Notes on Thomas Muir

(The following is the substance of a post to the newsgroup uk.music.folk in Feb 1999 by Jack Campin and is reproduced here with his permission and assistance.)

by Jack Campin

Thomas Muir was a Scottish advocate who joined with a number of other radicals (mostly elite intellectuals, but a fair number of artisans too) in the Scottish branch of an organization called the Friends of the People. This was one of several overlapping British groups in the early 1790s that worked for the new democratic and republican ideas of Thomas Paine and the French Revolution.

The movement had a huge initial boost in Scotland in a riot of 1792 directed at the de facto dictator of Scotland, Henry Dundas. Much of the propaganda leading to this riot was written by James Tytler, a polymath who had been the first man in Britain to fly in a balloon, had written most of an edition of the Encyclopaedia Britannica, and had contributed songs to Burns and Johnson's Scots Musical Museum. His polemics of 1792 were pretty darn fierce even by present-day standards; not only did he advocate abolishing the aristocracy and refuse to acknowledge the legitimacy of Parliament, his faction also supported the nascent Irish resistance movement, the United Irishmen, that was working towards the insurrection of 1798. He was charged with sedition. Sensibly, he fled the country, but meanwhile Muir agreed to defend him, and was charged with sedition himself in 1793.

Muir visited France to argue against the excution of Louis XVI while this charge was pending and, on his way back via Dublin, joined the United Irishmen himself. He was arrested on his arrival at Stranraer, and carried to Edinburgh in irons. Burns was at Gatehouse-of-Fleet as the convoy went past and wrote Scots Wha Hae on the day Muir's trial started. The letter he wrote with the first draft makes it clear who he had in mind; Wallace was an allegory for the real hero.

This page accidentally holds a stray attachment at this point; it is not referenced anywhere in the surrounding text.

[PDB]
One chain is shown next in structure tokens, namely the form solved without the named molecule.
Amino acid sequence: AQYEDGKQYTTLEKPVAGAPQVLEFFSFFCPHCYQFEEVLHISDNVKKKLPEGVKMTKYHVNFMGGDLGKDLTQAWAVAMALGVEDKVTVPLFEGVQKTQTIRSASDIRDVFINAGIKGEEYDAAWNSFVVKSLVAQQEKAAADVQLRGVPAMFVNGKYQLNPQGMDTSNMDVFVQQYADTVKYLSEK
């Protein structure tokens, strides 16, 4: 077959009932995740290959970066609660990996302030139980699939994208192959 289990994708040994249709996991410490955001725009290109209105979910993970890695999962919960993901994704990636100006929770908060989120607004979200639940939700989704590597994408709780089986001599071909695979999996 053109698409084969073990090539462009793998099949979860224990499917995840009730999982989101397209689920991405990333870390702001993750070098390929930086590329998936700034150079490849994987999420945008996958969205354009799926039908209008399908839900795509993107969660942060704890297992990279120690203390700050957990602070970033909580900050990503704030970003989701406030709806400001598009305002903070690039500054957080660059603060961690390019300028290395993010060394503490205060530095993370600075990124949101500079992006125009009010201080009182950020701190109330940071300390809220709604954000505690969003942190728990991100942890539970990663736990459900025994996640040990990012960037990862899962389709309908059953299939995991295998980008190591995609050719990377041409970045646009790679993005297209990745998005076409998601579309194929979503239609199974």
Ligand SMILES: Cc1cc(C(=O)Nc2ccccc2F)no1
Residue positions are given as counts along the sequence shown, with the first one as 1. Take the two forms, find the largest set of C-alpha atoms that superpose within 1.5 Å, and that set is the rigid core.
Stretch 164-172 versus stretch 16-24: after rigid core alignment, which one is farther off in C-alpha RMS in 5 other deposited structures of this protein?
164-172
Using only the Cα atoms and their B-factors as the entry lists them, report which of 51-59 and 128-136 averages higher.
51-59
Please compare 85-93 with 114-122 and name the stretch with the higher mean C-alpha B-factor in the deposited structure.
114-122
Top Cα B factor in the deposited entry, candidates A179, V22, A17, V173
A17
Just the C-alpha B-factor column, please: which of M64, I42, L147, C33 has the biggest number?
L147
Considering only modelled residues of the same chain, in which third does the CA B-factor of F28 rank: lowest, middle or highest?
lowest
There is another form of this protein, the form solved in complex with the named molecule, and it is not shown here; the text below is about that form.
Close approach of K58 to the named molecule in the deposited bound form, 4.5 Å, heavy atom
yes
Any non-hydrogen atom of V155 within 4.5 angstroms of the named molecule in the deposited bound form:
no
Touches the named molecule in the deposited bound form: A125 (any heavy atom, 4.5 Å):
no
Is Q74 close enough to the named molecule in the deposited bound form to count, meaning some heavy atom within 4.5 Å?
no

Muir's trial was conducted by an outrageously harsh judge, Robert McQueen, Lord Braxfield. He and two confederates were convicted and sentenced to transportation to Australia for 14 years. Muir managed to escape, but was badly wounded in a sea-battle on his way back to Europe and never recovered, dying in exile in France.

This was the start of a grim period of repression. By early 1796 it was just about impossible to express any opinion dissenting with the war, King George, or Henry Dundas, or even protest against starvation as food shortages mounted towards near-famine. The militarization of Scotland met with opposition in anti-conscription protests, crushed by an indiscriminate massacre at Tranent in 1797. There were no public meetings held anywhere in Scotland for the next generation; the war kept dissent suppressed until the violent working-class revolts of 1819-20.

So Muir was one of the last articulate voices to speak out before the clampdown became total. But it was already so far in progress that he never managed any sort of manifesto. There are the beginnings of that in the 1792 writings of the Friends of the People, but none of them had enough time to create much more than the occasional pamphlet. Hence we can't go beyond these celebrations in song of Muir as a martyr, and look for his own words so as to treat him as a thinker. He didn't get the chance to be one.


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